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CONCLUSION The structural frame looks beyond individuals to examine the social architecture of work. Though sometimes equated with red tape, mindless memos, and rigid bureaucrats, the approach is much broader and more subtle. It encompasses the freewheeling, loosely structured entrepreneurial task force as well as the more tightly controlled railway company or postal department. If structure is overlooked, an organization oftenmisdirects energy and resources. It may, for example, waste time and money on massive training programs in a vain effort to solve problems that have much more to do with social architecture than with people’s skills or attitudes. It may !re managers and bring in new ones, who then fall victim to the same structural “aws that doomed their predecessors.

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At the heart of organizational design are the twin issues of differentiation and integra- tion. Organizations divide work by creating a variety of specialized roles, functions, and units. They must then use both vertical and horizontal procedures to mesh the many elements together. There is no one best way to organize. The right structure depends on prevailing circumstances and considers an organization’s goals, strategies, technology, people, and environment. Understanding the complexity and variety of design possibilities can help create formal prototypes that work for, rather than against, both people and collective purposes.

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4 c h a p t e r

Structure and Restructuring

When society requires to be rebuilt, there is no use in attempting to rebuild it on the old plan.

—John Stuart Mill

In 2004, a crisis over journalistic standards ensnared the British Broad- casting Corporation (BBC) in a !urry of parliamentary hearings, resigna-

tions, and public recrimination. The controversy so tarnished the respected institution’s reputation that top of”cials took steps to ensure that it would never happen again.

They initiated a number of structural changes: a journalism board to monitor editorial policy, guidelines on journalistic procedures, forms to !ag trouble spots that managers were required to complete, and a 300-page volume of editorial guidelines. The cumulative effect of the changes was a multilayered bureaucracy that limited managerial discretion and fostered a hierarchy of approve-disapprove boxes. These were to be passed up the chain of command as an alternative to probing questions at lower levels in the organization.

Some cures make the patient worse, and this newly restructured system resulted in two crises more damaging than the one in 2004. In October 2012, the BBC came under heavy “re when it became known that it had broadcast a glowing tribute to a well-known former BBC TV host, Jimmy Savile, but killed an investigative report detailing evidence that Savile had been a serial child molester. The following month, the BBC aired a report wrongly accusing a member of Margaret Thatcher’s government of being a pedophile.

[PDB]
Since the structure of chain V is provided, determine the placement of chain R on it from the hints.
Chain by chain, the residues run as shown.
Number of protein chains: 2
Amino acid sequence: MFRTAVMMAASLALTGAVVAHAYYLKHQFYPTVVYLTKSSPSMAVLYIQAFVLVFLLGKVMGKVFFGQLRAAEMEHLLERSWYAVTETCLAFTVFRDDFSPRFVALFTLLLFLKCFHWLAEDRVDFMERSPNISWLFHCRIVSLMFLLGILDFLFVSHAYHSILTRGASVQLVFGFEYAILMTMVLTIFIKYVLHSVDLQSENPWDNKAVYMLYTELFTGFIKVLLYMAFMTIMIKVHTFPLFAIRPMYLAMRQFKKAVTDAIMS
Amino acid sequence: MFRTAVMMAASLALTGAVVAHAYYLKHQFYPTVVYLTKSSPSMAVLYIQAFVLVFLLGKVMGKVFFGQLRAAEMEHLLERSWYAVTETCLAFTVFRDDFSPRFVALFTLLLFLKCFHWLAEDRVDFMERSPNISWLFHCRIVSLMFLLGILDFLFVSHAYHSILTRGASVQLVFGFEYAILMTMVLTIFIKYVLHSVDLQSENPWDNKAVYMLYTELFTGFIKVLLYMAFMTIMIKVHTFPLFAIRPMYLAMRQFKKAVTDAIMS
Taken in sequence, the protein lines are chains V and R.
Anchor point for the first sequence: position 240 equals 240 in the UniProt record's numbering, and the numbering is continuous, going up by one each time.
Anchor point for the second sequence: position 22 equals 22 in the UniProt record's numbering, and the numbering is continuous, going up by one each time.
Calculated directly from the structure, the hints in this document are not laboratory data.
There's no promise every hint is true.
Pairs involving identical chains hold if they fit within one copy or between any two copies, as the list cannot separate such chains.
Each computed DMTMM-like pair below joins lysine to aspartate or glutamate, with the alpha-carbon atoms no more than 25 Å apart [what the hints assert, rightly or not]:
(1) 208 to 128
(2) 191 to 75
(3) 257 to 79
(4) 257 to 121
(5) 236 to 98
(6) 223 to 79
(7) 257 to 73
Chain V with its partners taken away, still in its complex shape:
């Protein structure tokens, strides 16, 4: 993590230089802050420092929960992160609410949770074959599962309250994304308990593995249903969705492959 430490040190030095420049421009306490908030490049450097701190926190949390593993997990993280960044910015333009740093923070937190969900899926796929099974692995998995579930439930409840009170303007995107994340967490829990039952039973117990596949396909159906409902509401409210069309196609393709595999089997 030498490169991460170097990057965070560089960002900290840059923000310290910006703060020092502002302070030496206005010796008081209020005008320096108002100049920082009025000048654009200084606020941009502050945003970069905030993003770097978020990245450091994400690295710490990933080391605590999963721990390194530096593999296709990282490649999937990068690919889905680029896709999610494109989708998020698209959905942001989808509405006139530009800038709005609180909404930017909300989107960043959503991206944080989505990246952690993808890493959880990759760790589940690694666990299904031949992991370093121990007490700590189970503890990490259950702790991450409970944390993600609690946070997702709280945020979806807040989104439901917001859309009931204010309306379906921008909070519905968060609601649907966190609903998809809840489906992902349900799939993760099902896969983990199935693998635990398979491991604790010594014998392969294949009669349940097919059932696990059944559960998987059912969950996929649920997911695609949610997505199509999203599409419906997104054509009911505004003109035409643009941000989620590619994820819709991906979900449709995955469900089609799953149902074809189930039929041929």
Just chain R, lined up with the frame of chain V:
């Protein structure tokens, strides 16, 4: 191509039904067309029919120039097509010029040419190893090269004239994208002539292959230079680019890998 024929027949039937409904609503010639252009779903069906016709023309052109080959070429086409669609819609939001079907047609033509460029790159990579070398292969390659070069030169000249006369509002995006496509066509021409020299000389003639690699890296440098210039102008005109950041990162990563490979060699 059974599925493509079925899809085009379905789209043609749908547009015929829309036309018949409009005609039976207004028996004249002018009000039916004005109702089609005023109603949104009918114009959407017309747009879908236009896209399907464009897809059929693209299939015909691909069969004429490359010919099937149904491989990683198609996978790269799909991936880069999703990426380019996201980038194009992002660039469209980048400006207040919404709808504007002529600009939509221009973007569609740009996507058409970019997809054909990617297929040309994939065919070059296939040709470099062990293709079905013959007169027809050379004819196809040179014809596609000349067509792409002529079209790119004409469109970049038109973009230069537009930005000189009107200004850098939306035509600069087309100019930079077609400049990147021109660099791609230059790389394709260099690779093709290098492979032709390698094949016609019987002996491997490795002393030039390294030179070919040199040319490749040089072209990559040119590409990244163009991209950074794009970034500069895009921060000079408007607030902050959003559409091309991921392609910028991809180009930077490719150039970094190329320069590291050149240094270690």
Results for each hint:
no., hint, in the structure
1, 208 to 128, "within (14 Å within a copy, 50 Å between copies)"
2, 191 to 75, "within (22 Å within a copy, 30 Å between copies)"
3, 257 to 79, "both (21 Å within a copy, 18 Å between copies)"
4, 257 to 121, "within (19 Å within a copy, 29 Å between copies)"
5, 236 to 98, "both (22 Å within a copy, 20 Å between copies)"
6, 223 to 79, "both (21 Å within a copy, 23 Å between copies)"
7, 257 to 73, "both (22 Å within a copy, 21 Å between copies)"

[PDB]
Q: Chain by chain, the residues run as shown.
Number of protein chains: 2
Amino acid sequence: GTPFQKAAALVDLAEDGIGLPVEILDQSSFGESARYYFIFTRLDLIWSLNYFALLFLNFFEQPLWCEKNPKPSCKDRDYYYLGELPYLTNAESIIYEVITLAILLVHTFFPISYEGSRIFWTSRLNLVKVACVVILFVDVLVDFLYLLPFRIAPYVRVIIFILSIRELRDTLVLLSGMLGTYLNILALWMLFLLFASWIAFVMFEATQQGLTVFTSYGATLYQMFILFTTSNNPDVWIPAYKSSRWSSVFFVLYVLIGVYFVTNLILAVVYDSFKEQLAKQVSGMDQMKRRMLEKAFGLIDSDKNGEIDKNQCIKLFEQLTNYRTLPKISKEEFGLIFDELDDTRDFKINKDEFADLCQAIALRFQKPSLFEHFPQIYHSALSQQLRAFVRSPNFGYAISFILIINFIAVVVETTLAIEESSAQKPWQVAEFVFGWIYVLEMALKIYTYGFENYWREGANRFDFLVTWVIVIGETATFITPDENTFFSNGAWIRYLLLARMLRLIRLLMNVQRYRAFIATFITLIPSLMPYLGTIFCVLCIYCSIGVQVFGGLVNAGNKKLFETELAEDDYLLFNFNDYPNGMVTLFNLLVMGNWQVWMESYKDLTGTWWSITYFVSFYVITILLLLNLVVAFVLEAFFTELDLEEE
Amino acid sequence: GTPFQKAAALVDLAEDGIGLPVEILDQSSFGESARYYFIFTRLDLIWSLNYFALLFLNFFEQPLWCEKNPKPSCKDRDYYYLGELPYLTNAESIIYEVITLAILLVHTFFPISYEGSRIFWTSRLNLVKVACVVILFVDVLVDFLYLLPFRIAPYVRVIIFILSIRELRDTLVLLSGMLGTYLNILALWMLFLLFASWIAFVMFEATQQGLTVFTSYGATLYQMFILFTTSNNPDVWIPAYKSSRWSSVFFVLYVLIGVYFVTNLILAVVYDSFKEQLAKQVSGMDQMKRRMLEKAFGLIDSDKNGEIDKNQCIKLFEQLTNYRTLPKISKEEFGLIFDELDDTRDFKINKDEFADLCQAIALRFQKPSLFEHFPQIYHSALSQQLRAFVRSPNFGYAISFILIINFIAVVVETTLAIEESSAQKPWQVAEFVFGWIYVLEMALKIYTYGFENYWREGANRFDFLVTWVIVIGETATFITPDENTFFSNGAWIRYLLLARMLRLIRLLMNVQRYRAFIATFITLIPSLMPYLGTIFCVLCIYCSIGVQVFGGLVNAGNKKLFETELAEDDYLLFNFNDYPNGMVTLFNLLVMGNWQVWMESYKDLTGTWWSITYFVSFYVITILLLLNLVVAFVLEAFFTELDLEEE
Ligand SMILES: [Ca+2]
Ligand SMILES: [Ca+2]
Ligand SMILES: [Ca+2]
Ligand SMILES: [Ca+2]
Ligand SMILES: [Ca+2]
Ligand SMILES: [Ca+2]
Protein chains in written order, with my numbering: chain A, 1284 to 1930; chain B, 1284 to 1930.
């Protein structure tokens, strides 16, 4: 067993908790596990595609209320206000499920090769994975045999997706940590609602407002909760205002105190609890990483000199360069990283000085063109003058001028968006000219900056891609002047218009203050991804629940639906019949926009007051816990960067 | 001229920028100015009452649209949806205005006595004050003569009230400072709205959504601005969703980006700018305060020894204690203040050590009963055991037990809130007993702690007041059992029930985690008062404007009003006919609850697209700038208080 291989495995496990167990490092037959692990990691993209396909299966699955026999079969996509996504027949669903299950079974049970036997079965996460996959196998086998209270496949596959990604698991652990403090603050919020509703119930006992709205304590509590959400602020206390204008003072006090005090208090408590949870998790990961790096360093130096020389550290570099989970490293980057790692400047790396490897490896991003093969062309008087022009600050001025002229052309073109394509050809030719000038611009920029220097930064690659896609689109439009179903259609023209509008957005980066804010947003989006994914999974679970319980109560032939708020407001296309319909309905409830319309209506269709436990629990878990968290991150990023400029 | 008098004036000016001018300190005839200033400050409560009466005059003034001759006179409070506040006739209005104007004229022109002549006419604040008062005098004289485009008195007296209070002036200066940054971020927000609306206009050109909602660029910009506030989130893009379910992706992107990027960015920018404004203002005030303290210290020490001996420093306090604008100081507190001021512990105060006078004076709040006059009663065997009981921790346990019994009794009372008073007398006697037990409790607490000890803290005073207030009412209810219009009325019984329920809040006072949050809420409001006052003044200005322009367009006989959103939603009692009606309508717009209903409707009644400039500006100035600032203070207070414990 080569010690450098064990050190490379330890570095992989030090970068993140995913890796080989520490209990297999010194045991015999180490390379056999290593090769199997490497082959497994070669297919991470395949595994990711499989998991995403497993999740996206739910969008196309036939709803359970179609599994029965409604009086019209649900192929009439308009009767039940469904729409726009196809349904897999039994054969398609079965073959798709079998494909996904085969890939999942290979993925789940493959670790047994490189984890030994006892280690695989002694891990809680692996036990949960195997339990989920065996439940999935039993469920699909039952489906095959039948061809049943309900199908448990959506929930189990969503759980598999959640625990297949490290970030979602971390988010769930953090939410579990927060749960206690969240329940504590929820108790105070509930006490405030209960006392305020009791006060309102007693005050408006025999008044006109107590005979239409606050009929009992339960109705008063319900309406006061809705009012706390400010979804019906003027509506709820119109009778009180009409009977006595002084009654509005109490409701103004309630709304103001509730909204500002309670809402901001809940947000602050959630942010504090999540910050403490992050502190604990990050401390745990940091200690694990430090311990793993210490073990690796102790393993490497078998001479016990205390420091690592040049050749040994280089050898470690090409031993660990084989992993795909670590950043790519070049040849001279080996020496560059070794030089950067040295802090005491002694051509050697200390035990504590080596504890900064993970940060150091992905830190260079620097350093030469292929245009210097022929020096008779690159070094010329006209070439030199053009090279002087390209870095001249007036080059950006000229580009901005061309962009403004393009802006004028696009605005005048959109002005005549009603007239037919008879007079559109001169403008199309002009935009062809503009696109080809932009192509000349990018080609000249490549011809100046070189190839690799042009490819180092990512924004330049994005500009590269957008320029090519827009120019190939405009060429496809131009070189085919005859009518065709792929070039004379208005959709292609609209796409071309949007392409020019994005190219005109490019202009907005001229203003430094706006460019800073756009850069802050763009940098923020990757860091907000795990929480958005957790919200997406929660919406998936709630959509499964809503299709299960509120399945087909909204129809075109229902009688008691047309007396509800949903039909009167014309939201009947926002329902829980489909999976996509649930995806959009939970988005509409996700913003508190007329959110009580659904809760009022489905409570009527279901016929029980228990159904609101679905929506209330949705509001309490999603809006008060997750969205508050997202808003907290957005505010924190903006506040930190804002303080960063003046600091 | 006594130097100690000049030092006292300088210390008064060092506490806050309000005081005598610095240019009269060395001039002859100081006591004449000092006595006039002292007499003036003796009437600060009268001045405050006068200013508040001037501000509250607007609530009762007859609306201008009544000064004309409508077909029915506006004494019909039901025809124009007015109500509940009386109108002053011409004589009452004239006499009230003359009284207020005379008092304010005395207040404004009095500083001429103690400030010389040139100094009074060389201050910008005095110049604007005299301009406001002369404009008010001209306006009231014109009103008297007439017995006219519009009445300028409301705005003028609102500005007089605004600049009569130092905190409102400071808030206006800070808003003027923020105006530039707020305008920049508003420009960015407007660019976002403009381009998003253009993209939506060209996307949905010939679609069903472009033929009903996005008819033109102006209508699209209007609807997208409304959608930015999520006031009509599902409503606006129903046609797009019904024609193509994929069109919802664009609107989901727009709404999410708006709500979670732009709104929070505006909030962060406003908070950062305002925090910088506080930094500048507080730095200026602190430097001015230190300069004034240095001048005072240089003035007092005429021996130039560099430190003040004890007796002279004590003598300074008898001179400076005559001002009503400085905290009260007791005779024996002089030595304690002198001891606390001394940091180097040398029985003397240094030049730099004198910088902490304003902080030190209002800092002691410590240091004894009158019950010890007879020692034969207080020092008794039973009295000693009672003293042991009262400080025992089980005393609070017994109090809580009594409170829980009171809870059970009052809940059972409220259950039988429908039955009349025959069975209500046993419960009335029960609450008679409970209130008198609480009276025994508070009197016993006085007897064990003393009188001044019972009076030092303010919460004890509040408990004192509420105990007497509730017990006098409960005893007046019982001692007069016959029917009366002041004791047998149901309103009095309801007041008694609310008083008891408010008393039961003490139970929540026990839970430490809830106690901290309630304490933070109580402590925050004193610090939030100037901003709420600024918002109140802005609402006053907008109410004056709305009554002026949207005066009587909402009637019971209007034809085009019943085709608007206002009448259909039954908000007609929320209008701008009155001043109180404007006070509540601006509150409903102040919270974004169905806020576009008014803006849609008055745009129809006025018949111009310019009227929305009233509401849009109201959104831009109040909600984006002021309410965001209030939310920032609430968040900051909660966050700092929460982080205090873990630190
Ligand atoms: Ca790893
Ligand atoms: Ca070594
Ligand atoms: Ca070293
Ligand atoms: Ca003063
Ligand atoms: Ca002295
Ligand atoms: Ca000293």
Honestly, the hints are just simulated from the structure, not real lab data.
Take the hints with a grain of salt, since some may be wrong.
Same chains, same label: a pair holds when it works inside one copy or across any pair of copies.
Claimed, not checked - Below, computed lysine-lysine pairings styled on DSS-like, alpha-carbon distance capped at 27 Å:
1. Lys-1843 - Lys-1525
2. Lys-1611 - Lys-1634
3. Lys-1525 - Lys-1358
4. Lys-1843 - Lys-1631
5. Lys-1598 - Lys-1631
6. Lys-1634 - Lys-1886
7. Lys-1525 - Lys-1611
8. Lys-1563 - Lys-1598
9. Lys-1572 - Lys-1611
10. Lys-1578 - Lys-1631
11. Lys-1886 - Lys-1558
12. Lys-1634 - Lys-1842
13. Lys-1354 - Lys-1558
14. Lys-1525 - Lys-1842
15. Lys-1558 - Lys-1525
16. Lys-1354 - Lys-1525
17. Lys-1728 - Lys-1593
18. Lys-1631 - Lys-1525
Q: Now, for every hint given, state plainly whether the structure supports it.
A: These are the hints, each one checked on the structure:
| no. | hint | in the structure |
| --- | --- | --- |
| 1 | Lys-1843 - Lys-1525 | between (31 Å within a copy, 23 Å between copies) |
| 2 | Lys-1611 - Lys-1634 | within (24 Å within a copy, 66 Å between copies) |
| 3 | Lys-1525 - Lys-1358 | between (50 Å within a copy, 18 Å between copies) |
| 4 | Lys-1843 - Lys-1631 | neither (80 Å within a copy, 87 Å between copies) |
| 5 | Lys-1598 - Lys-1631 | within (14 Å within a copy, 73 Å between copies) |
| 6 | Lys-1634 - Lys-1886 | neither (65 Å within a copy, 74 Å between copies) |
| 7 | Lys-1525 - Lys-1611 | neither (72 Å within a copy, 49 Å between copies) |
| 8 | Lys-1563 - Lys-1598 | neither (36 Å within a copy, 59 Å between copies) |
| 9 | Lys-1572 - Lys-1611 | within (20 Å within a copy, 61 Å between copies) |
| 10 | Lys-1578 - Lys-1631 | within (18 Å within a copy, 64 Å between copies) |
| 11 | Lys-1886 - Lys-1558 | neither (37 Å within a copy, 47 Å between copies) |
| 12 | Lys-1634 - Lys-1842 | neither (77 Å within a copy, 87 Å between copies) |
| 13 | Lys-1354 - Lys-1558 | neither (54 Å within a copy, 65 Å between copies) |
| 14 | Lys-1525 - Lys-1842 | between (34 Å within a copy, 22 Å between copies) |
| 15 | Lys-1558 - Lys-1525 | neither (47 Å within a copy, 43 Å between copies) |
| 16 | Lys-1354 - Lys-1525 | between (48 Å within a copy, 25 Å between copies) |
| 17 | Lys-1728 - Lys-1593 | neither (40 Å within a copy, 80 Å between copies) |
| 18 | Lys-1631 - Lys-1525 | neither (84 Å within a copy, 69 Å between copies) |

Reframing Organizations: Artistry, Choice, and Leadership, Sixth Edition. Lee G. Bolman and Terrence E. Deal. ! 2017 by John Wiley & Sons, Inc. Published 2017 by Jossey-Bass.



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Postmortem investigations attributed both errors directly to BBC’s restructured, highly bureaucratized system.

In another case, when Larry Summers, an economist and former treasury secretary, became president of Harvard University in 2001, he soon concluded that the venerable university needed a structural overhaul, and he subsequently issued a series of presidential directives. He attacked the undergraduate grading system, in which half of the students received As and 90 percent graduated with honors. He stiffened standards for awarding tenure, encouraged more foreign study, and directed faculty (especially senior professors) to spend more time with students. He stepped across curricular boundaries to call for an emphasis on educational reform and more interdisciplinary courses. He proposed a center for medicine and science to encourage more applied research. Finally, he announced a bold move to build an additional campus across the Charles River to house new growth and development. Summers’s initiatives aimed to tighten Harvard’s famously decentralized structure and to imbue the president’s of”ce with more clout.